The Gold Rush
A Golden opportunity
Maritime Gold Rush Education Program Puts Students in the Prospector's Seat
Picture yourself risking your life as you board a ship and travel around treacherous Cape Horn on a four-month journey in an overcrowded vessel filled with sickness and hunger. You arrive in the bustling, chaotic port of San Francisco, weary but excited that your dreams will soon be fulfilled and you will return home a happy and prosperous person.
Now imagine that you are eleven years old.
Fourth, fifth and sixth grade students around Northern California embark on exactly this imaginary voyage in preparation for the Maritime Park Association's Gold Rush field trip on Hyde Street Pier. Once they arrive on the pier the students are immersed in an environmental living program which expands on their advance research and invites them to explore the rugged era of the Gold Rush from a maritime perspective.
Before the gold-seekers can gather their wits, the local shipping agent
greets them and informs the wide-eyed newcomers that opportunities abound
not only in the hills, but also in San Francisco's ports and shops. As
a shipping agent, he says he is well connected along the waterfront and
knows a captain, a merchant and a miner who are all looking for help in
their respective businesses. "It is easier to 'mine the miner' than the
mines," he insists. The students are invited to meet each character, explore
their vocations first hand and then choose their own destinies.
captain of the Balclutha is getting quite rich transporting men and
lumber up and down the coast; unfortunately he cannot keep good sailors
aboard his vessel. He shows the students his impressive ship and extols
the virtues of life at sea. "Anything," he says, "is better than having
your feet stuck in clay!" However, the captain wants an experienced, able-bodied
crew and tests the students' abilities by having them perform basic tasks
like raising a sail and testing the depth of the water.
merchant has perfected the art of selling mining supplies for exorbitant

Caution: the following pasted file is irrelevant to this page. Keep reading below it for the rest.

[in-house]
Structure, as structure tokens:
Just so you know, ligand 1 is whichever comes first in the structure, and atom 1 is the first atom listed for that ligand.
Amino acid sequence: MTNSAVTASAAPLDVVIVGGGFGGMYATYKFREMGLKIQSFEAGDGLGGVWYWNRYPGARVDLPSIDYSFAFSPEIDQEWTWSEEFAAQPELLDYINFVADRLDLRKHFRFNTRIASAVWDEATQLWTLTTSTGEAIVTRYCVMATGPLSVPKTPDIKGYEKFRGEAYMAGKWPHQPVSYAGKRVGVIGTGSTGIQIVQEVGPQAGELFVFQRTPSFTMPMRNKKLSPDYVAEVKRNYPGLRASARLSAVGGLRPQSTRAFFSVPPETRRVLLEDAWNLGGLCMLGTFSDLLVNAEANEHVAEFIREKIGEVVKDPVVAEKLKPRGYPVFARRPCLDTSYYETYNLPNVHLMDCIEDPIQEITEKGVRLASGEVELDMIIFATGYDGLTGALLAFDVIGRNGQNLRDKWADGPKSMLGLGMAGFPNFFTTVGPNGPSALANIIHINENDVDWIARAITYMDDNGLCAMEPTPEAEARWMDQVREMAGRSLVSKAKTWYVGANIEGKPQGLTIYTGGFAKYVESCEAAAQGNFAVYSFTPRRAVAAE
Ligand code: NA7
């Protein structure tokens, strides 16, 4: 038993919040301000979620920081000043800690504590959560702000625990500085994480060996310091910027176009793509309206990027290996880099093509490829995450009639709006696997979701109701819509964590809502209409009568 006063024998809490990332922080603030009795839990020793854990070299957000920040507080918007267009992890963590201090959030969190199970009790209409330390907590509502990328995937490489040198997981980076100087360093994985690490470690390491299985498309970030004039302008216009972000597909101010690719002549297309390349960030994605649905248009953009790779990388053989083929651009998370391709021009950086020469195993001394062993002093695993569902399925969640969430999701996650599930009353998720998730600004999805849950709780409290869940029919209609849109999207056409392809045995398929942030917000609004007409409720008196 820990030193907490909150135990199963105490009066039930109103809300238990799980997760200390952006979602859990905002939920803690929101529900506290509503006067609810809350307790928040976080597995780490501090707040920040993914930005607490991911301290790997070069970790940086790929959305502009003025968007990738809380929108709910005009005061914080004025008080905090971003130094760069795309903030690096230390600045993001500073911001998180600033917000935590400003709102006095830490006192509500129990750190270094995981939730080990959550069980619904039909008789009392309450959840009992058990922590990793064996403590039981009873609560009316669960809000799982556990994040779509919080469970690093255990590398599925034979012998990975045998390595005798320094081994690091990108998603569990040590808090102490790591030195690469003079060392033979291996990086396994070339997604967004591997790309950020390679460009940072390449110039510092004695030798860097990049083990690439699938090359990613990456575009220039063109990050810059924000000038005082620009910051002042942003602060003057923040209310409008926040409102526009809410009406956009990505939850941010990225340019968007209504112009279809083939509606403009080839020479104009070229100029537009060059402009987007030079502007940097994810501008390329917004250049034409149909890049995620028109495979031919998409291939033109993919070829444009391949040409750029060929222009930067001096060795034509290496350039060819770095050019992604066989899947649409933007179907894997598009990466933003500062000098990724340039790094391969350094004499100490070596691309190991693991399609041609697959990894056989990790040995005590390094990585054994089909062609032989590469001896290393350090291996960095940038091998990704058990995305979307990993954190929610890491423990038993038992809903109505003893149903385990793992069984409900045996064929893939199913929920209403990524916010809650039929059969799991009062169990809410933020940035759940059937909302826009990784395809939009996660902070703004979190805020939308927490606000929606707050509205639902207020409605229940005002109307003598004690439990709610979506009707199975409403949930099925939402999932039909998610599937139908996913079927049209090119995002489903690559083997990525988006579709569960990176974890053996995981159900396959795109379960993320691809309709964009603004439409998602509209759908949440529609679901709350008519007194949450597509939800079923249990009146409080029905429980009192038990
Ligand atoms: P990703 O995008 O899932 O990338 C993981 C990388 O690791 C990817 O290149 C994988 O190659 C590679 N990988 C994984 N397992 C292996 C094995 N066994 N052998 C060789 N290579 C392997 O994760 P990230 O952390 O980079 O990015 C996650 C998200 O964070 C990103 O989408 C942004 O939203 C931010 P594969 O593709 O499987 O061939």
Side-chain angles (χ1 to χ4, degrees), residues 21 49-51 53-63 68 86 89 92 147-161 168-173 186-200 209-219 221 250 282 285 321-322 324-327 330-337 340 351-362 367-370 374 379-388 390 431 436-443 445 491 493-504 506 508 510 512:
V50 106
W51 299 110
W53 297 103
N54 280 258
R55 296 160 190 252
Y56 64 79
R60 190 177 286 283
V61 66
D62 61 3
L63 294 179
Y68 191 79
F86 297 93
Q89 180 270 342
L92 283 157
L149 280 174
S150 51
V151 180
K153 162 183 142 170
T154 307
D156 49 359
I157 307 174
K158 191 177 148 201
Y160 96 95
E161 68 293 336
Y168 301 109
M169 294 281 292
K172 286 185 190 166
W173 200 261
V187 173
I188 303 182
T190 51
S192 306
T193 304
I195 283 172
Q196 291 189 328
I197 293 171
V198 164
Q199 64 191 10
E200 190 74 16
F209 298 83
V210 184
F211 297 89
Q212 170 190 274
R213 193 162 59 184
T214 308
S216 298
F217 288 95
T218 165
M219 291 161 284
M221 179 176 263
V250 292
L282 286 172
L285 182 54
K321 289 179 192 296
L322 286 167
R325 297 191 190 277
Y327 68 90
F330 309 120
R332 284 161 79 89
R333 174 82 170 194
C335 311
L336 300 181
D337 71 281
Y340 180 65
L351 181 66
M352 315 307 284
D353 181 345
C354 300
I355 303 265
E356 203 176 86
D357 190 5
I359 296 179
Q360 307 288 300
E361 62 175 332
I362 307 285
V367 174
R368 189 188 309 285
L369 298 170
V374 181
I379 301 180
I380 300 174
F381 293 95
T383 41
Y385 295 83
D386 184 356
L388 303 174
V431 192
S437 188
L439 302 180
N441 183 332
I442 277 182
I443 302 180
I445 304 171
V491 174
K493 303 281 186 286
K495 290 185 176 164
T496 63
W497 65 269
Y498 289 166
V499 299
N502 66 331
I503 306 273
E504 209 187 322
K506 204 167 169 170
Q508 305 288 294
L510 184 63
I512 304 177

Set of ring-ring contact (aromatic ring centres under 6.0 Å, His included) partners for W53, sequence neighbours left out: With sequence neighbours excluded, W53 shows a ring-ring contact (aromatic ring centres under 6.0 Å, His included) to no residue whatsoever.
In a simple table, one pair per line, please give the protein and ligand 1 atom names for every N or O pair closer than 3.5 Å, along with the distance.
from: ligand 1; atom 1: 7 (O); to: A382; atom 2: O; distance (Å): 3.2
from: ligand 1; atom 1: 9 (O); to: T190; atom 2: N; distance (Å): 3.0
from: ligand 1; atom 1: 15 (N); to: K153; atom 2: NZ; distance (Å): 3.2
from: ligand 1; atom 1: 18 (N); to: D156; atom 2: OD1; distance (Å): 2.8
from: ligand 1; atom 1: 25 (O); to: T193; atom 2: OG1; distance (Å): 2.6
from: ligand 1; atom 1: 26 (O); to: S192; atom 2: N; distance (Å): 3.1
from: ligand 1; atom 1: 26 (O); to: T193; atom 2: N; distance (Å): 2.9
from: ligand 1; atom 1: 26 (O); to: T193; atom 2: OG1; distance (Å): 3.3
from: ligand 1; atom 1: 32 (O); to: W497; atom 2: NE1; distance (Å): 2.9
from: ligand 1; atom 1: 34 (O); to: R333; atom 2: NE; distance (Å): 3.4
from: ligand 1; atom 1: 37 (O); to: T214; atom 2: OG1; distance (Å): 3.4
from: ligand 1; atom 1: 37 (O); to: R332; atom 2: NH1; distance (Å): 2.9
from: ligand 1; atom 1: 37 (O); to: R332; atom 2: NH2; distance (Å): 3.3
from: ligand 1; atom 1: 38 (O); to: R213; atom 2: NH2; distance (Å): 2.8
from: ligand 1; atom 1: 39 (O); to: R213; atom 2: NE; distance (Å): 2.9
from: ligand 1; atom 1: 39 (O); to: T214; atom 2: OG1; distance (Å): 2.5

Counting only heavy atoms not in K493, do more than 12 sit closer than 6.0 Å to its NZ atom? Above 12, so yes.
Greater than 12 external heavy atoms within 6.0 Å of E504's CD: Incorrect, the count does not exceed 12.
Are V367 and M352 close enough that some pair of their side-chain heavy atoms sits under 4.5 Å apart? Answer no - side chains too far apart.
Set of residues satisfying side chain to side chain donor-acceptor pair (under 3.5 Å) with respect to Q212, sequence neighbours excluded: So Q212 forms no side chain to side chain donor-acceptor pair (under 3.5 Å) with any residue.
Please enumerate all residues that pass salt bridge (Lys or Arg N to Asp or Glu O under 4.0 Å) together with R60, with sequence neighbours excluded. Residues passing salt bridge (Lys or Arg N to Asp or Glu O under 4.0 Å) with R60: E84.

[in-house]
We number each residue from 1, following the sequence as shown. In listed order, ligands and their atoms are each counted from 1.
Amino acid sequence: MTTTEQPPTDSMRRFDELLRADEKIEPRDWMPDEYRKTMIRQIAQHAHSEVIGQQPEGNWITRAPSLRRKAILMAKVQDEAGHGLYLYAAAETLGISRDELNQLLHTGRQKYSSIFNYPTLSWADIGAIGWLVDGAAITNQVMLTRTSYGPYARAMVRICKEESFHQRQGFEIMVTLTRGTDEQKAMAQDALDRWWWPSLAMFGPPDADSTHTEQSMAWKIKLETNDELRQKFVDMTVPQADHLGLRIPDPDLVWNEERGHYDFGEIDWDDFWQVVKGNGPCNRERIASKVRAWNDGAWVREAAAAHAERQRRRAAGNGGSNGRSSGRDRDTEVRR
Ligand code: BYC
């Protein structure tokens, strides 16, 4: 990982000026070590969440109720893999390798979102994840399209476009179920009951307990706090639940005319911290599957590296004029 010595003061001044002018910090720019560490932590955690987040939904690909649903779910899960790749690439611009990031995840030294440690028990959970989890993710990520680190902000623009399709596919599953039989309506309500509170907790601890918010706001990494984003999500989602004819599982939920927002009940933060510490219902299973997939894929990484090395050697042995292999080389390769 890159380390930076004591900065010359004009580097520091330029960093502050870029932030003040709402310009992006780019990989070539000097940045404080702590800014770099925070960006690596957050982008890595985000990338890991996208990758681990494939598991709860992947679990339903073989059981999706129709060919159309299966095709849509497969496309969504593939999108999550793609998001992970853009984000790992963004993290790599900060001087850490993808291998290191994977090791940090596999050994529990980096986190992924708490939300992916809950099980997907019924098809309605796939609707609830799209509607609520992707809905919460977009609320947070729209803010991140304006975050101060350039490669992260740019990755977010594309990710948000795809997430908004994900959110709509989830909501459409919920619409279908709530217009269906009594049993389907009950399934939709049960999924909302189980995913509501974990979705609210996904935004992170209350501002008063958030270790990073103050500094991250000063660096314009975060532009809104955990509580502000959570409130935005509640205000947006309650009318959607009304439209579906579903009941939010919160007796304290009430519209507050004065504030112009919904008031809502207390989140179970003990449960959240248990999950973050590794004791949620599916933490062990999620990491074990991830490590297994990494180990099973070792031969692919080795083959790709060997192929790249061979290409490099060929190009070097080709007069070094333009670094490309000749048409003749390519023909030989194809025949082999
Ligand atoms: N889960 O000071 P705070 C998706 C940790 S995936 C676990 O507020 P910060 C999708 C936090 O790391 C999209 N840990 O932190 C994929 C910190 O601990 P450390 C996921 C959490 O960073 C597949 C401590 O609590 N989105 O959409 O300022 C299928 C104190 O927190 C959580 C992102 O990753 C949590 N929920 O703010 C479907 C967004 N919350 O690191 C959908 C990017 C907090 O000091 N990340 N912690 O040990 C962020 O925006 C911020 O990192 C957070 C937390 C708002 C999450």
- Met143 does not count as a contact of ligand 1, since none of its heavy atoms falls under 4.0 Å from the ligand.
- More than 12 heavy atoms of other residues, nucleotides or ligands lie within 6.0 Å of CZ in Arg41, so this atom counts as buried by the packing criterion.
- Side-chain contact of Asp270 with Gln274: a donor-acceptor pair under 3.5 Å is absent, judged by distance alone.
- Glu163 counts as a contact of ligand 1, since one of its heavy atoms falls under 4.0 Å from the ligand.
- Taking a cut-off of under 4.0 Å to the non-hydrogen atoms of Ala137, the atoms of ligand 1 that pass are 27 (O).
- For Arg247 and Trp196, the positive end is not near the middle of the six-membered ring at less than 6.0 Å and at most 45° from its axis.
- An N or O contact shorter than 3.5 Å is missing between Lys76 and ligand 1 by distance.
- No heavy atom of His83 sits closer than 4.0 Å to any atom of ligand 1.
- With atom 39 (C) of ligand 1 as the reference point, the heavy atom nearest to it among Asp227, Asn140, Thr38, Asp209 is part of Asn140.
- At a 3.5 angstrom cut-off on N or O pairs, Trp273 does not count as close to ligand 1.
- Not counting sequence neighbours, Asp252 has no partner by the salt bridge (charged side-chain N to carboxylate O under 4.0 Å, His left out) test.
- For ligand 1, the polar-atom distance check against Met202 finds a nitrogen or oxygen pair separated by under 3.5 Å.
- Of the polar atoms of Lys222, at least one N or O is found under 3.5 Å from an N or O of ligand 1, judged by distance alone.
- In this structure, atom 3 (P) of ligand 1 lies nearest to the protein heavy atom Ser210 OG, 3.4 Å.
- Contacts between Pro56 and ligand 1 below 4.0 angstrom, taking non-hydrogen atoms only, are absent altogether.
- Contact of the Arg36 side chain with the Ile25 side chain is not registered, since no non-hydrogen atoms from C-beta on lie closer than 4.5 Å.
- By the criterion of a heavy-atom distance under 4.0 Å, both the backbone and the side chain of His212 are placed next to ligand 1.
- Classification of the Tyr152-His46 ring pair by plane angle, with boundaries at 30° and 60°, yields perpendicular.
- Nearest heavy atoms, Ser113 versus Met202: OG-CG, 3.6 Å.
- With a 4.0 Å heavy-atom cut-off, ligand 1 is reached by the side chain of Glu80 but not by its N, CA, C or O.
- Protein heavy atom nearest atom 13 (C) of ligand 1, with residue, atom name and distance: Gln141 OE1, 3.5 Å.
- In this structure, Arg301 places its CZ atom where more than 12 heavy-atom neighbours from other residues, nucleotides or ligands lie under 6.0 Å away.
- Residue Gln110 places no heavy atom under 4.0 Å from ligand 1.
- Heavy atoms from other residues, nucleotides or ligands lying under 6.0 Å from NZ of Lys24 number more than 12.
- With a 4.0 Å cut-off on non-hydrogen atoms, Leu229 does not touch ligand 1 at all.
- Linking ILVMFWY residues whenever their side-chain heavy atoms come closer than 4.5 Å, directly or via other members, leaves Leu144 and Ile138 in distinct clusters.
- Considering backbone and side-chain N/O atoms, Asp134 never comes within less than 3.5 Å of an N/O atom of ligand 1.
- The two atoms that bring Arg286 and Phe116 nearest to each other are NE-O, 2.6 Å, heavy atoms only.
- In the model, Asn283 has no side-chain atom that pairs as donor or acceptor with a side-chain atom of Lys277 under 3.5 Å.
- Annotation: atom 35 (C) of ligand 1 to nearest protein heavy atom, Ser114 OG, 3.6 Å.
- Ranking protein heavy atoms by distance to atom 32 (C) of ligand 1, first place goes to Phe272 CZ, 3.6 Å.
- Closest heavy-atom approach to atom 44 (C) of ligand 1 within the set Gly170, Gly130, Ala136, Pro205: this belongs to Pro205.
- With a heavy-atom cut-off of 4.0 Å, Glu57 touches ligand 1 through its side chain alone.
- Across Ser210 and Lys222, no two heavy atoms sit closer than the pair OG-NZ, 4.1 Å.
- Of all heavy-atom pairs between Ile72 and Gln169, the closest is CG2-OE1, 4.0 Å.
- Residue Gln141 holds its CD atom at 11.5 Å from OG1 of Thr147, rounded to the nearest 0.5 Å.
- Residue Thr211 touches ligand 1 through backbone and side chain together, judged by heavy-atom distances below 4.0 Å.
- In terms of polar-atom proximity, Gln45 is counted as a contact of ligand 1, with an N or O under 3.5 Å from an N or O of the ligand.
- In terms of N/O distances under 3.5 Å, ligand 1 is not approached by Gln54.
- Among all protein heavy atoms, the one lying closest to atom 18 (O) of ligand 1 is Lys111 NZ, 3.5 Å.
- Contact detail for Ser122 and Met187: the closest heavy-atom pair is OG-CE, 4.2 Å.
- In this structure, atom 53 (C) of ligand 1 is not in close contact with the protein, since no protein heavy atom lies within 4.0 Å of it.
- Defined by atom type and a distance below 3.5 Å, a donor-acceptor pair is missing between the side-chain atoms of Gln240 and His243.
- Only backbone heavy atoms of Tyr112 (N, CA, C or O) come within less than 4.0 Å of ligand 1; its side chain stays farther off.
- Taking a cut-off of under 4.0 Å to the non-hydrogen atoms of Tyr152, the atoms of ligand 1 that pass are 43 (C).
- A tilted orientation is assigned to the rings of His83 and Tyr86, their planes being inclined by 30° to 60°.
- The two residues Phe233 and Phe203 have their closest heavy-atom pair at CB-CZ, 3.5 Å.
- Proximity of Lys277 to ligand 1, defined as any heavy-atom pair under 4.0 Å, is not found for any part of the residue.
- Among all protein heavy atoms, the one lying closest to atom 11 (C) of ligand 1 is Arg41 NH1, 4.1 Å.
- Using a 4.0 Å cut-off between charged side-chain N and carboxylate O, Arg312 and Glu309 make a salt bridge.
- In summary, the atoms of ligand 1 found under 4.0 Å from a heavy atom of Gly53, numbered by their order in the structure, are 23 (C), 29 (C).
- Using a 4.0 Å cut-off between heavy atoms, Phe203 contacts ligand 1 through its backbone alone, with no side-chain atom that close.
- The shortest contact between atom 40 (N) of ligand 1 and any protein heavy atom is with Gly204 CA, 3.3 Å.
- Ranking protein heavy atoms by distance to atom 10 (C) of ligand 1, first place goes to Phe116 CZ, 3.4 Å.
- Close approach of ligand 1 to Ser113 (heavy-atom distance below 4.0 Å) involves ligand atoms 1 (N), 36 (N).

prices. Although he has never left the waterfront, he is benefiting more
than most "forty-niners" from the rush of gold-seekers. The merchant needs
Stevedores (cargo handlers) to unload cargo from ships and help out in
his warehouses. The students must prove that they are both capable and
dependable because unloading cargo is a tricky, precise task that takes
team work. In turn, the merchant promises "security, wealth and the comfort
of a warm home and a sound meal."
Finally, the miner appeals to the students' sense of adventure as he boasts of untold fortunes lying undiscovered in the hills. He shows the young people the tools of his trade, instructs them on the geology of gold mining and even shares with them a map which he believes will lead them to their fortunes. The miner also needs assistance but will only take hardy, brave souls who can demonstrate a simple knowledge of gold mining.
During this day of hands-on experience, the young prospectors come to
understand that the California Gold Rush was a bit more complex than they
expected and that their fortunes may not be made in the hills - and in
fact, may not be made at all. They also learn to appreciate the far reaching
effects the Gold Rush had on Bay Area history.
At the end of the day, their destinies lie in their own hands as each student chooses which path to follow. Whether to a life at sea, a career in sales, or a risky adventure into uncharted Gold Country, each path leads the now experienced student to a deeper appreciation of maritime history.
For more information or to make reservations, please contact Education Coordinator, Alice Watts via email, or call (415) 561-6662 x 33